Will salmon farming ever stop having a hard time?
By Nicki Holmyard, SeafoodSource contributing editor
02 October, 2012
The proposed Aquaculture and Freshwater Fisheries Bill in Scotland is causing a measure of disquiet amongst salmon farmers, not the least because in its present form it will bring in more stringent controls to an already heavily regulated industry. However it appears that criticism from the recreational fishing lobby has gained the ear of policy makers and could lead to a potential stifling of future development.
Speaking at the recent Humber Seafood Summit, Scott Landsburgh chief executive of the Scottish Salmon Producers Organization (SSPO) explained that production of salmon in Scotland has increased year-on-year over the past three years, with more than 154,000 metric tons (MT) grown in 2011. Overall the industry is worth more than GBP 500 million.
Landsburgh argued that growth of the industry could be carried out in a sustainable manner and that an increase of more than 25 percent was achievable by 2020. He believes for too long the industry has been misunderstood, with criticisms lacking robust scientific evidence to back them up.
He pointed out that new operating and reporting restrictions, liability rules and fixed penalties for infringements likely to be included in the draft bill, would all have a negative effect. On top of that, ill-informed activists continue to slam the industry, when Scotland should be celebrating the fact that farmed salmon is the country’s largest food export, with more than 95,000 MT exported in 2011 to 64 countries around the world.
“Scottish salmon is selling particularly well in emerging markets. Exports to the Far East have gone up by 894 percent from 682 MT to 6,779 MT, and those to the Middle East have risen by 17 percent from 1,340 MT to 1,562 MT,” he said. “FAO acknowledges that worldwide aquaculture production will need to double by 2030 to meet growing demand for protein, yet it is getting increasingly difficult to make this happen.”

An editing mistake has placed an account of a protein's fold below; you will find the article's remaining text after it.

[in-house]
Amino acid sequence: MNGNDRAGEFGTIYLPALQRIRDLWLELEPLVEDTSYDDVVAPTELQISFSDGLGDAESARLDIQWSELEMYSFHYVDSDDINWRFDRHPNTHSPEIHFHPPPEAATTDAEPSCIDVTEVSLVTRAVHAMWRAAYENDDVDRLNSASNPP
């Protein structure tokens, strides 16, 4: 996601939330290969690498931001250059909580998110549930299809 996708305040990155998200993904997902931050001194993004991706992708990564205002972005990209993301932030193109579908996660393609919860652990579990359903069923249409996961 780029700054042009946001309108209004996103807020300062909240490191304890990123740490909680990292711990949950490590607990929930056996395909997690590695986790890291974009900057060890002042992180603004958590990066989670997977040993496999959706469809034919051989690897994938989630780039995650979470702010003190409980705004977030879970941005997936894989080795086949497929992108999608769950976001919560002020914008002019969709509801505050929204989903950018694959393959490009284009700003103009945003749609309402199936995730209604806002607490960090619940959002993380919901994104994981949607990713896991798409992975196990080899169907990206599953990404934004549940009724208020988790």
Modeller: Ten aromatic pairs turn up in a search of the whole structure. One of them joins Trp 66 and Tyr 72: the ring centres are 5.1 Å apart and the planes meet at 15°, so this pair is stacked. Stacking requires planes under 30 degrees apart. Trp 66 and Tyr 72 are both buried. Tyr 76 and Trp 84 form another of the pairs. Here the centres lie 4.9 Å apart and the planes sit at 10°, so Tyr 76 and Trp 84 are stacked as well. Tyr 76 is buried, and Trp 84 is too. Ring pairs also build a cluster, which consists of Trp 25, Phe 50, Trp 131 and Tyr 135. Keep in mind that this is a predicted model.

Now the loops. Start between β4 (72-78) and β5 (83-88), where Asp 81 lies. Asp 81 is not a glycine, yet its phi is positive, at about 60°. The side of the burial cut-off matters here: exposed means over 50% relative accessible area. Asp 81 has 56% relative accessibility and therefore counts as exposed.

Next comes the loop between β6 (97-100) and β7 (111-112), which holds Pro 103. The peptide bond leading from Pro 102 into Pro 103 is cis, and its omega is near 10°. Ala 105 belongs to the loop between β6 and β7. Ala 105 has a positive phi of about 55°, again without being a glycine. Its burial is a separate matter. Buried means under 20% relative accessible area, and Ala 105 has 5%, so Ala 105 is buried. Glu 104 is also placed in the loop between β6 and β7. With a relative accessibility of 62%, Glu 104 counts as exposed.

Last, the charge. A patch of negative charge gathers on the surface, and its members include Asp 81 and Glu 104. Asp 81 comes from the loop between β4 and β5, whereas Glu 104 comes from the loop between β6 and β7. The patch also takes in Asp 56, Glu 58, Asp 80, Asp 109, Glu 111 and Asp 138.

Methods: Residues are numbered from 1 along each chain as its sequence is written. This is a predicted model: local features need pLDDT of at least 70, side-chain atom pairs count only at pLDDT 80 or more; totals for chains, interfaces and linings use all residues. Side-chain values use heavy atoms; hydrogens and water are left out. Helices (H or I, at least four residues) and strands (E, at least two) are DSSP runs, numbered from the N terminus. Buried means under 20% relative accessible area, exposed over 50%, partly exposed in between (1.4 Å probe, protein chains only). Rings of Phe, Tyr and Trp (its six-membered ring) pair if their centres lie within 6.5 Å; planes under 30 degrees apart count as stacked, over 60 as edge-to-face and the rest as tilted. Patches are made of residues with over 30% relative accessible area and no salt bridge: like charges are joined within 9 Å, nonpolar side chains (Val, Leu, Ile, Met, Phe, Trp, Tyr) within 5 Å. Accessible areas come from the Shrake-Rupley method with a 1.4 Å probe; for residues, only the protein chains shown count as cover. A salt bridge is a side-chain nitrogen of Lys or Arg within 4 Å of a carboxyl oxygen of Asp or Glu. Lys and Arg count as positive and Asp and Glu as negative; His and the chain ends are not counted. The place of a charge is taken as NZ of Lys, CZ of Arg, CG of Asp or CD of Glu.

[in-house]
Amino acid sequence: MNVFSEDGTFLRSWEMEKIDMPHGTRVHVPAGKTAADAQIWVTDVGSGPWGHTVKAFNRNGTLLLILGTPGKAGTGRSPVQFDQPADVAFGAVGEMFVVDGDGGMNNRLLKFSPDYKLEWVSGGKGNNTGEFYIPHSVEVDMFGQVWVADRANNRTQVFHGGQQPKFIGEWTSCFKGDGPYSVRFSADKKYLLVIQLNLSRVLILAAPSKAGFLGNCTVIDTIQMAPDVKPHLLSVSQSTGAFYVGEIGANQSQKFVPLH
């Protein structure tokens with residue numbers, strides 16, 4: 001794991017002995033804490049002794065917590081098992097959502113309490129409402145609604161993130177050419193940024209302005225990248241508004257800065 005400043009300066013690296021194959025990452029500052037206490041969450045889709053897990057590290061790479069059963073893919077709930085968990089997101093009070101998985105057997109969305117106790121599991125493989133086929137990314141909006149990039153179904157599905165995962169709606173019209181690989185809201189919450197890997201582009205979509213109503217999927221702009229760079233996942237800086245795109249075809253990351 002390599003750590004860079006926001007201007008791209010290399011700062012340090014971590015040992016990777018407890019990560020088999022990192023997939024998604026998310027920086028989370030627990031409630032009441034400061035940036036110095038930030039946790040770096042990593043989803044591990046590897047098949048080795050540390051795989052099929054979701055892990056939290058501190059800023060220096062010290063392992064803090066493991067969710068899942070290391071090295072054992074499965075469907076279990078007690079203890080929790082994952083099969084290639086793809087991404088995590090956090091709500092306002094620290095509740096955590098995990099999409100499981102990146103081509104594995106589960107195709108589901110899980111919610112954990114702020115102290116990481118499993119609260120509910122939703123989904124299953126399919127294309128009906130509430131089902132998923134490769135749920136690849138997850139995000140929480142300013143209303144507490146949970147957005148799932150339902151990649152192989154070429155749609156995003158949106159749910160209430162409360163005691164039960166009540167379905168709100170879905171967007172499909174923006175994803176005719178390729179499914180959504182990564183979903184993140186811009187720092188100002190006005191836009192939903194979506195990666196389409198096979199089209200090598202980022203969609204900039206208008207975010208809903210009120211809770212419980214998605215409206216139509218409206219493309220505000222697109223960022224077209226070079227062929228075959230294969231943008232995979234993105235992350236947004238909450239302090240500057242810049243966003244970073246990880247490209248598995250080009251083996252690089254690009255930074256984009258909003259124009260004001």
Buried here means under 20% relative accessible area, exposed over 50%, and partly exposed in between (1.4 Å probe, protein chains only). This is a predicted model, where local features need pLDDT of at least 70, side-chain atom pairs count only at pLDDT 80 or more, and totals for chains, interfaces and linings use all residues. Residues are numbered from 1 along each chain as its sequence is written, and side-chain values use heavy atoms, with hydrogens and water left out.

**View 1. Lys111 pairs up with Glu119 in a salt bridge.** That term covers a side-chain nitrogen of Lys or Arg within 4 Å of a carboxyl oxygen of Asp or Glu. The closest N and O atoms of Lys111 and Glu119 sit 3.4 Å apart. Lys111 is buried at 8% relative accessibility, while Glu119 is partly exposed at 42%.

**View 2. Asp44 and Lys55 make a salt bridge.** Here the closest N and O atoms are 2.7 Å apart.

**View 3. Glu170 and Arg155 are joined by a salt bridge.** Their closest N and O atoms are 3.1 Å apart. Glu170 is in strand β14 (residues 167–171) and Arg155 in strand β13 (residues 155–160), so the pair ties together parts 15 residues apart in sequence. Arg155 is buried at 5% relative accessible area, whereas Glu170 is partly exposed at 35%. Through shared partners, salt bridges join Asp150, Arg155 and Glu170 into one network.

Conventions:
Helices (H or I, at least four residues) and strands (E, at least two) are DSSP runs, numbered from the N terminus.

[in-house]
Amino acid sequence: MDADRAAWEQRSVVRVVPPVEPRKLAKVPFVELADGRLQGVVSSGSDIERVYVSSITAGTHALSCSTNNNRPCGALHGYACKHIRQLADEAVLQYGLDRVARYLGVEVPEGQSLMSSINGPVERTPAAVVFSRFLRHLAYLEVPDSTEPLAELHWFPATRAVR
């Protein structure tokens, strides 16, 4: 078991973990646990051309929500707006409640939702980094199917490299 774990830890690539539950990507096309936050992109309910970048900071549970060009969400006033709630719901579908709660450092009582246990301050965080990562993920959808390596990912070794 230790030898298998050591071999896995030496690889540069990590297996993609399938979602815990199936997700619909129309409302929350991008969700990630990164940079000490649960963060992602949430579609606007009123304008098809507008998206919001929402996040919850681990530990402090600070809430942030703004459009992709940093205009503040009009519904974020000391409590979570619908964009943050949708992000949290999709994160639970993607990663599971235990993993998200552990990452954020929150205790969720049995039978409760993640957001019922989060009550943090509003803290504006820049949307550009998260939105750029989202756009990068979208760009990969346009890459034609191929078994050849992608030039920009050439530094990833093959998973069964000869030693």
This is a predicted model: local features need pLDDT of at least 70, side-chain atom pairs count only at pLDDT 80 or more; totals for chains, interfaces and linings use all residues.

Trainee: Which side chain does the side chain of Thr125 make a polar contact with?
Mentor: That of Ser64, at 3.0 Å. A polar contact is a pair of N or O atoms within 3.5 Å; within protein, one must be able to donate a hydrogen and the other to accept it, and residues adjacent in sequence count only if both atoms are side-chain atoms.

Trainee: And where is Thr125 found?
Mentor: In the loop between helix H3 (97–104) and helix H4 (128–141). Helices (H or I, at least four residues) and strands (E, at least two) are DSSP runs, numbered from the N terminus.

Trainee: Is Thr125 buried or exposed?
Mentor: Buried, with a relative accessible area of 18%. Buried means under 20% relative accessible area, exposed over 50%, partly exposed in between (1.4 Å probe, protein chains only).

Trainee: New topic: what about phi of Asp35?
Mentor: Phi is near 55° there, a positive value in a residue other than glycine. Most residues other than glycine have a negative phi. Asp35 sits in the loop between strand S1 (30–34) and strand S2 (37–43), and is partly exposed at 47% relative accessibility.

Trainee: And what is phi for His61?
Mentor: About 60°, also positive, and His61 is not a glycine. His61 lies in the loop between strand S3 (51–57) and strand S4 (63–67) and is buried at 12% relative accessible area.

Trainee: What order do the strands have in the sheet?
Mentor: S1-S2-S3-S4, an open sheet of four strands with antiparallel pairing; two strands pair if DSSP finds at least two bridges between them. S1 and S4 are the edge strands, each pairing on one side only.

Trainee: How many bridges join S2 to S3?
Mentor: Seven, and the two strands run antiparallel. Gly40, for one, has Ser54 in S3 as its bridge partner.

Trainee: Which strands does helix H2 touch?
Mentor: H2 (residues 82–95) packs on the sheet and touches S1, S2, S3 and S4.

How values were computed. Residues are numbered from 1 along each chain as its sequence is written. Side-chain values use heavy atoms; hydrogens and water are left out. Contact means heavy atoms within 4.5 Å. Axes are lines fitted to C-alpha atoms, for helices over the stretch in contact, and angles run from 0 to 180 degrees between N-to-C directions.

Using selective data, the angling lobby constantly shout about the environmental impacts of salmon farms, but Landsburgh argues that any impacts are local and temporary.
“Salmon farming is an energy-efficient way of producing meat, particularly when compared to the farming of land-based animals, and only uses about 150 hectares of sea, which is roughly one quarter of the area taken up by a large sheep farm. We are working with the Carbon Trust to produce a best practice guide to promote energy efficiency and further reduce the environmental footprint, but at present it is a lot less than the beef and pork industries,” he said.
Fish From, a new Scottish company, says that closed containment is the answer to more environmentally friendly salmon farming, and is currently working on plans for three onshore sites and the development of Fish From kit farms to sell around the world.
According to Andrew Robertson, one of the main benefits is that fresh fish can be available 7 days per week, all year round, and on the market within hours of harvest. It also comes with impeccable environmental credentials, and will be farmed in a controlled environment protected from harmful pathogens and parasites, with no consequent need for chemical solutions.
Controversially, the Fish From systems will grow salmon entirely in fresh water, and Robertson cites the work undertaken by The Freshwater Institute in Shepherdstown, West Virginia as the inspiration for his company. “Their scientists have proven that salmon can be grown from egg to market size in fresh water and that a very high quality product is the end result. Along with chefs and restaurateurs, we have tasted ten-pound fish from their system, and it received very favorable reactions from everyone,” he said.
“The concept also appeals to government, industry and conservation-minded consumers, and interest in the kits has already come from Romania, New Zealand and North America.”
Robertson explained that the systems will recycle 99.8 percent of the water, use fish food from sustainable resources, and treat effluent to negate any environmental impact.
We see Fish From as part of the solution to feeding the world in an environmentally sensitive and sustainable way,” he said.
We shall watch developments with interest!
02 October, 2012